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At a Glance:
Title:
APD 120304
Date:
April 20, 2012

APD 120304

April 20, 2012

This appeal arises pursuant to the Texas Workers’ Compensation Act, TEX. LAB. CODE ANN. § 401.001 et seq. (1989 Act). A contested case hearing (CCH) was held on January 25, 2012, in [City], Texas, with [hearing officer] presiding as hearing officer. The hearing officer resolved the disputed issues by deciding that the appellant (claimant) reached maximum medical improvement (MMI) on August 1, 2011, with 6% impairment rating (IR) as certified by the treating doctor, [Dr. M]. The claimant appealed, disputing the hearing officer’s MMI and IR determination, contending that the parties agreed at the CCH that the date of MMI was August 5, 2011, and that the hearing officer erred in not adopting the certification of MMI and IR of the designated doctor, [Dr. M-D]. The respondent (self-insured) responded, urging affirmance.

DECISION

Reversed and remanded in part and reversed and rendered in part.

The parties stipulated that the claimant sustained a compensable injury on [date of injury], and that Dr. M-D was appointed by the Texas Department of Insurance, Division of Workers’ Compensation (Division) as designated doctor to determine MMI and IR. In his Background Information section of his decision, the hearing officer stated that the claimant injured her neck and right shoulder when a projection screen fell on her while working as a school custodian on [date of injury]. The evidence reflects that the claimant underwent three right shoulder surgeries (including a distal clavicle resection) on April 15, 2010, September 30, 2010, and March 11, 2011, performed by Dr. M. Both the treating doctor, Dr. M, and the designated doctor, Dr. M-D, certified that the claimant reached MMI on August 5, 2011. Dr. M assigned 6% IR (rating only the right shoulder) and Dr. M-D assigned 16% IR (rating the cervical spine, the right elbow, and the right shoulder).

MMI

Section 408.1225(c) provides that the report of the designated doctor has presumptive weight, and the Division shall base its determination of whether the employee has reached MMI on the report of the designated doctor unless the preponderance of the other medical evidence is to the contrary.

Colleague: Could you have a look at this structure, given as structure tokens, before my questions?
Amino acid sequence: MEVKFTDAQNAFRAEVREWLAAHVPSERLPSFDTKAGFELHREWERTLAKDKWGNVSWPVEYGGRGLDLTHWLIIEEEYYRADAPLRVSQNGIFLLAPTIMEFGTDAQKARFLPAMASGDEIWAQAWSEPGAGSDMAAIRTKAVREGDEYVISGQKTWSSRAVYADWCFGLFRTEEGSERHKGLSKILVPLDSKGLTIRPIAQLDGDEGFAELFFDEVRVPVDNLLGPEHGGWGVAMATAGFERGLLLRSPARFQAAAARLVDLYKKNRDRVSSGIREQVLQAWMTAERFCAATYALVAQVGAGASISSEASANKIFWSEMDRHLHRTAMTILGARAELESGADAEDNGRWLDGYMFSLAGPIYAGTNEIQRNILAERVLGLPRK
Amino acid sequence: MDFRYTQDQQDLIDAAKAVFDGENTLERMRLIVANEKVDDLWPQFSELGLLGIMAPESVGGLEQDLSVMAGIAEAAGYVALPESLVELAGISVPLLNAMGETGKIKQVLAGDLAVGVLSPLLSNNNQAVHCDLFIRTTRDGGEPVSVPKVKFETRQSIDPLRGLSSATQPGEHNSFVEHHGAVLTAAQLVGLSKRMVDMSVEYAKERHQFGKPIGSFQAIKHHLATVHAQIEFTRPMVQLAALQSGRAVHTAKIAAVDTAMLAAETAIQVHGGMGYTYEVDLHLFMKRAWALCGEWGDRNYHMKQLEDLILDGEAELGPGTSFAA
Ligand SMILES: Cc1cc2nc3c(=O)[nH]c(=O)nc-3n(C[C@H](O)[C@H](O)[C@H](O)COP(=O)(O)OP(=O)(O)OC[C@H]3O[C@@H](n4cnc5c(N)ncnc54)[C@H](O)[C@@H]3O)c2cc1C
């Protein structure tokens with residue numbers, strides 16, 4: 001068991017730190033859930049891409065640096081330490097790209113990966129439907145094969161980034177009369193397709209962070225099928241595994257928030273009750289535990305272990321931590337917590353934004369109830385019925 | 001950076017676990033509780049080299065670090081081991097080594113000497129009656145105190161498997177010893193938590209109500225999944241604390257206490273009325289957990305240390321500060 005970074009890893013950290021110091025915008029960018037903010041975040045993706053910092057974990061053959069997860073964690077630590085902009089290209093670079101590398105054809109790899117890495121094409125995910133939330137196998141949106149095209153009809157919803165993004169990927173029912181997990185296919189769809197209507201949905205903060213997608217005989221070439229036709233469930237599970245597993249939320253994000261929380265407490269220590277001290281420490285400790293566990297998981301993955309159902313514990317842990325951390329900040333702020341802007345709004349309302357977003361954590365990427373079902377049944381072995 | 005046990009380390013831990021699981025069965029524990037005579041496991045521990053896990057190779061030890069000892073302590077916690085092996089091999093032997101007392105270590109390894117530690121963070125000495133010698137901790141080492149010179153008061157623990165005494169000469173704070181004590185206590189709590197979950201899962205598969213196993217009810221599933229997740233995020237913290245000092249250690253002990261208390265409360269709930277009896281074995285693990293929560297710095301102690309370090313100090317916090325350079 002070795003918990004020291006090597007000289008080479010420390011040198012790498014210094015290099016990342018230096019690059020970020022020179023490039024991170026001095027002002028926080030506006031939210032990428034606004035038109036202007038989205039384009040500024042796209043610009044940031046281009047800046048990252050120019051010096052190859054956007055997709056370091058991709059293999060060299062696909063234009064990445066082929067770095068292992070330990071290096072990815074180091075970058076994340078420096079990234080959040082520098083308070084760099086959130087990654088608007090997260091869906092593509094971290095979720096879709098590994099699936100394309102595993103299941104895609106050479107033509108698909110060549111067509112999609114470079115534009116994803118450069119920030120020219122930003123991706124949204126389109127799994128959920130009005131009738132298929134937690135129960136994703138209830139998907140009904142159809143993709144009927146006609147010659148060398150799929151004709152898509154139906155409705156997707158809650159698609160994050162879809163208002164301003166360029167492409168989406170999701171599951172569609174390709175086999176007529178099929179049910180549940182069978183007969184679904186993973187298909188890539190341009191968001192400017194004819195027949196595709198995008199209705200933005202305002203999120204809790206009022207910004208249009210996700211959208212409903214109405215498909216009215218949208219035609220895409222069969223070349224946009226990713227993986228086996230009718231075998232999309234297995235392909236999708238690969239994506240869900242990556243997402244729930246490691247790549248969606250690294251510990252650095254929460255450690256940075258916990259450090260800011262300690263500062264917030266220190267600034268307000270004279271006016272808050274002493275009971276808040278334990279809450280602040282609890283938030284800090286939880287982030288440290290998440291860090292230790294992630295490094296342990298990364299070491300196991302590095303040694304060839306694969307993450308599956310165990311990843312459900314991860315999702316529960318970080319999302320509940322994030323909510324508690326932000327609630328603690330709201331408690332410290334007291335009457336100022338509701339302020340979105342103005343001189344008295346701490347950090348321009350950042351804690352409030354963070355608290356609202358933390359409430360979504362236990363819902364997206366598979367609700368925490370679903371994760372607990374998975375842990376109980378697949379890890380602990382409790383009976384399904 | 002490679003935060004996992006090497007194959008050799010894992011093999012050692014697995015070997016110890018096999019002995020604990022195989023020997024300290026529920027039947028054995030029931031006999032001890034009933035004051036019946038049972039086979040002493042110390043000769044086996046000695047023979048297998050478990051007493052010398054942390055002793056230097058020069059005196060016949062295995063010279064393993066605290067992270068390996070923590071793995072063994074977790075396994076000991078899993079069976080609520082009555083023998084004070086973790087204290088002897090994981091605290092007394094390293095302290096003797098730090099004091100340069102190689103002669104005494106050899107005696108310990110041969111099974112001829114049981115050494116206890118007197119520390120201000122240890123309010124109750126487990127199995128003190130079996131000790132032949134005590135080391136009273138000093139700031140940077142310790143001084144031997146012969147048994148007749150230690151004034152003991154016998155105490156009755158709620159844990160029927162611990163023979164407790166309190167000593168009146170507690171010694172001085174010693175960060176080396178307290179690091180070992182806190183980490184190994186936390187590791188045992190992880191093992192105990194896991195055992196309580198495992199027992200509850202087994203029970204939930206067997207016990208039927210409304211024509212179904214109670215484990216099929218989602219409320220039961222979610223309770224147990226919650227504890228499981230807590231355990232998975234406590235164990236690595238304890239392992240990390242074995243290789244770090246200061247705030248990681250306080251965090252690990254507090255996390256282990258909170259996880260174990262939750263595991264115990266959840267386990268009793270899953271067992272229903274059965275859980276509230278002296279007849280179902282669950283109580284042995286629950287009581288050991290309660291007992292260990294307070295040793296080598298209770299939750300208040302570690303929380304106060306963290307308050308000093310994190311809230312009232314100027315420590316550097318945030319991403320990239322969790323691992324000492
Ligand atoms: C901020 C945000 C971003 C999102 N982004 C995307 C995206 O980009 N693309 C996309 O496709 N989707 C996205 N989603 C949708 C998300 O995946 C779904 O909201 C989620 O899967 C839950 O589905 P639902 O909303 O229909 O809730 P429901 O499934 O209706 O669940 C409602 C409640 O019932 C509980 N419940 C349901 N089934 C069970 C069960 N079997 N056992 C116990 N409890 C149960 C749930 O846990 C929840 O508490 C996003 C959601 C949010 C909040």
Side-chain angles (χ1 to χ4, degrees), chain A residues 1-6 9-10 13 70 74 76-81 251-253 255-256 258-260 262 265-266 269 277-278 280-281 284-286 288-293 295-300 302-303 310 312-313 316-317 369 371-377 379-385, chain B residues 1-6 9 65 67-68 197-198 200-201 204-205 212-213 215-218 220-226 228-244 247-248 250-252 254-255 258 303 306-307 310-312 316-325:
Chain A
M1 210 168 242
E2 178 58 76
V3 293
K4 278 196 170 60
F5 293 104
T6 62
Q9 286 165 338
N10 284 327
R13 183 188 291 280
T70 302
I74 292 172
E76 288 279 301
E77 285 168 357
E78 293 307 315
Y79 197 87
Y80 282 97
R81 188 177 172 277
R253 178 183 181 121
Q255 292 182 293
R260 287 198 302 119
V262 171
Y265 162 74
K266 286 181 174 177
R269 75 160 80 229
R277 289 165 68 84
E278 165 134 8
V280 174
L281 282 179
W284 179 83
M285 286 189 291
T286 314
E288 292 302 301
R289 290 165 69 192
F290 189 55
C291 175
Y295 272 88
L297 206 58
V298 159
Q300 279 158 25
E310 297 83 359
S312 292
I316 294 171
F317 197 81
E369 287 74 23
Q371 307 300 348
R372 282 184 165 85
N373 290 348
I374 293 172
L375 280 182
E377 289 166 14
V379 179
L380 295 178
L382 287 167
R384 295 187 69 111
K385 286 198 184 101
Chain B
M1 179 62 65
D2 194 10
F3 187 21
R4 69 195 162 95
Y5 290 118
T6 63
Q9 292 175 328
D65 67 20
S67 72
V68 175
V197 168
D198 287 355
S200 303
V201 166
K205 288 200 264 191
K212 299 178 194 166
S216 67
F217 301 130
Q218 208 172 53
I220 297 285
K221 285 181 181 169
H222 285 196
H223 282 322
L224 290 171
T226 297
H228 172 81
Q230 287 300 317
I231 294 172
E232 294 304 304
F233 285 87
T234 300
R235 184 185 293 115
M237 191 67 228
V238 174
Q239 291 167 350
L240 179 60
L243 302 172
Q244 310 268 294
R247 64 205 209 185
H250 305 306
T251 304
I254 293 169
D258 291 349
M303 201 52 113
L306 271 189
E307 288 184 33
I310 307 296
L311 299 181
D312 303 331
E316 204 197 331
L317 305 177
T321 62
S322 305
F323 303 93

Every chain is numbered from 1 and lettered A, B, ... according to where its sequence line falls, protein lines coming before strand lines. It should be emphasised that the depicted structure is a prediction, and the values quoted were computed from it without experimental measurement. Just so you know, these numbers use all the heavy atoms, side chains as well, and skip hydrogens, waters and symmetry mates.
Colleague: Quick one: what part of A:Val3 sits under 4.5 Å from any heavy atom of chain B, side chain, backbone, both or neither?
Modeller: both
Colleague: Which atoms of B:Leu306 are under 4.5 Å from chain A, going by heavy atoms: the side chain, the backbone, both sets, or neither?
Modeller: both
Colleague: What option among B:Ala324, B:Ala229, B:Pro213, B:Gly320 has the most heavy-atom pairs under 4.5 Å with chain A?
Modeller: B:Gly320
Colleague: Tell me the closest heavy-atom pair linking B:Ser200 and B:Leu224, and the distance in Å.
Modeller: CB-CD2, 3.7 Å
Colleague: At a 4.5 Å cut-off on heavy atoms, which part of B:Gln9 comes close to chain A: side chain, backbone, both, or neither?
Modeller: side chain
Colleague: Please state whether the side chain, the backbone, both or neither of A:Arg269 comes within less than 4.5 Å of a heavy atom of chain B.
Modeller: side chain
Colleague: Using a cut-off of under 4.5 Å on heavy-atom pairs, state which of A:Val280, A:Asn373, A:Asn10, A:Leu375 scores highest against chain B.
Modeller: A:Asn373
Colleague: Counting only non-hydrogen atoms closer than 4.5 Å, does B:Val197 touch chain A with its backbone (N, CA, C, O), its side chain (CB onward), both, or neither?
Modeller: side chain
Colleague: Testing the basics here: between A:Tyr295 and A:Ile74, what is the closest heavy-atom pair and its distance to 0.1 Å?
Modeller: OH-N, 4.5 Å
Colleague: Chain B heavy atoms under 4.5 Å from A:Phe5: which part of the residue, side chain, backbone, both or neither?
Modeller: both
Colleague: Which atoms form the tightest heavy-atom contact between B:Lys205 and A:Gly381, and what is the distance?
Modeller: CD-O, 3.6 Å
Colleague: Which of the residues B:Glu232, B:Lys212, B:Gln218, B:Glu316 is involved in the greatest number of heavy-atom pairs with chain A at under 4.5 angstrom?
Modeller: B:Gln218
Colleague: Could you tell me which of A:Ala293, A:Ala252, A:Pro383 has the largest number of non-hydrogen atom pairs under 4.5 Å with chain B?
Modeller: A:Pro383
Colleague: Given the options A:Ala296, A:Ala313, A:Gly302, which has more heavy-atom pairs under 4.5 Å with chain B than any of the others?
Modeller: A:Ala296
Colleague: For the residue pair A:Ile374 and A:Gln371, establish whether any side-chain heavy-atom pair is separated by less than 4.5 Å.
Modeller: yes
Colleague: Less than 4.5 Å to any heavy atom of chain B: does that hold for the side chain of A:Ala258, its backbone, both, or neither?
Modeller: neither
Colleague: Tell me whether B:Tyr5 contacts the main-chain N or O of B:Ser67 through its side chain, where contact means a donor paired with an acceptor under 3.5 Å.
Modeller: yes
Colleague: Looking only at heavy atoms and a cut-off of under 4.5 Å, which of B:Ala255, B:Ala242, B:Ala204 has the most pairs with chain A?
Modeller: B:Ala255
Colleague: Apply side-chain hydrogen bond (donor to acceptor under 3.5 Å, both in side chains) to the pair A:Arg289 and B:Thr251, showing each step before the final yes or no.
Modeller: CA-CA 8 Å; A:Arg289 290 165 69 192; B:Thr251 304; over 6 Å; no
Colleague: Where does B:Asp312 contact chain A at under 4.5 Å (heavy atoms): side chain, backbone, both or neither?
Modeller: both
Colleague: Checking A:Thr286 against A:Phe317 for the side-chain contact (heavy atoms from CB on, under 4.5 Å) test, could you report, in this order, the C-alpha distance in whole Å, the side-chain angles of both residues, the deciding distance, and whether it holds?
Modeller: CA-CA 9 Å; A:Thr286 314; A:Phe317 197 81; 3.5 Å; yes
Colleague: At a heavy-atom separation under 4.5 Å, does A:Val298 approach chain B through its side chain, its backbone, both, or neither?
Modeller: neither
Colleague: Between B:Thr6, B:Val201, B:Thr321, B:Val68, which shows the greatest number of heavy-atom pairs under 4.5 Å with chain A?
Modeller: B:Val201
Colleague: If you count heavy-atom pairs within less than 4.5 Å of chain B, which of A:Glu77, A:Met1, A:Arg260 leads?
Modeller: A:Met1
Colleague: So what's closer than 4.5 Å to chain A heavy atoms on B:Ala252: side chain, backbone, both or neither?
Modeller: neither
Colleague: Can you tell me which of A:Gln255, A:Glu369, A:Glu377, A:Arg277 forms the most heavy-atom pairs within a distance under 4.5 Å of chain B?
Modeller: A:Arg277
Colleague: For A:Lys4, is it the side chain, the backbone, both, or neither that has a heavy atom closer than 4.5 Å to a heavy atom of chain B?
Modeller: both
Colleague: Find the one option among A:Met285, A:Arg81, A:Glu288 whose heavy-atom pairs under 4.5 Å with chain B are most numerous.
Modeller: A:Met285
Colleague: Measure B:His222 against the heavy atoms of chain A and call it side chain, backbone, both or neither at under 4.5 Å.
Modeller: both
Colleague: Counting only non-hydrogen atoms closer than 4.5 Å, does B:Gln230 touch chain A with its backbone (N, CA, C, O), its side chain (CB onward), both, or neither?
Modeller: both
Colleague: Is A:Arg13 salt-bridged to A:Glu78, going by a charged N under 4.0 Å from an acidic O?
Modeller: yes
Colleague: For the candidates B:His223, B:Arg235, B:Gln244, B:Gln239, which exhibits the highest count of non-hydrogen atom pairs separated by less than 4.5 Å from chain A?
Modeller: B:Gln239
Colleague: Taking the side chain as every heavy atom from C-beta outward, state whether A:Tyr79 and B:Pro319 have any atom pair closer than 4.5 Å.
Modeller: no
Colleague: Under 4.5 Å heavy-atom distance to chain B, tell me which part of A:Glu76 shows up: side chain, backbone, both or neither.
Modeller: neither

Dr. M, the claimant’s treating doctor examined the claimant on August 1, 2011, and certified that the claimant reached MMI on that date with 6% IR. The designated doctor, Dr. M-D, examined the claimant on August 5, 2011, and certified that the claimant reached MMI on that date with 16% IR. However, in a letter dated August 23, 2011, Dr. M stated that he had reviewed Dr. M-D’s report of August 5, 2011, and stated that “[t]he difference in dates is too small to argue so I would accept the date given by Dr. [M-D]. . . .” Dr. M submitted an amended Report of Medical Evaluation (DWC-69) which certified that the claimant reached clinical MMI on August 5, 2011, with 6% IR.

At the CCH, the claimant and the self-insured contended that the claimant’s MMI date was August 5, 2011, as certified by the designated doctor and the treating doctor.

In reviewing a “great weight” challenge, we must examine the entire record to determine if: (1) there is only “slight” evidence to support the finding; (2) the finding is so against the great weight and preponderance of the evidence as to be clearly wrong and manifestly unjust; or (3) the great weight and preponderance of the evidence supports its nonexistence. See Cain v. Bain, 709 S.W.2d 175 (Tex. 1986).

The treating doctor amended his date of MMI to that certified by the designated doctor, therefore the opinions of each of the certifying doctors was that the claimant reached MMI on August 5, 2011. Therefore, that portion of the hearing officer’s finding that the certification of MMI by Dr. M-D, the designated doctor, is contrary to the preponderance of the evidence is so against the great weight and preponderance of the evidence as to be clearly wrong and manifestly unjust.

We reverse the hearing officer’s determination that the claimant reached MMI on August 1, 2011, and render a new decision that the claimant reached MMI on August 5, 2011.

IR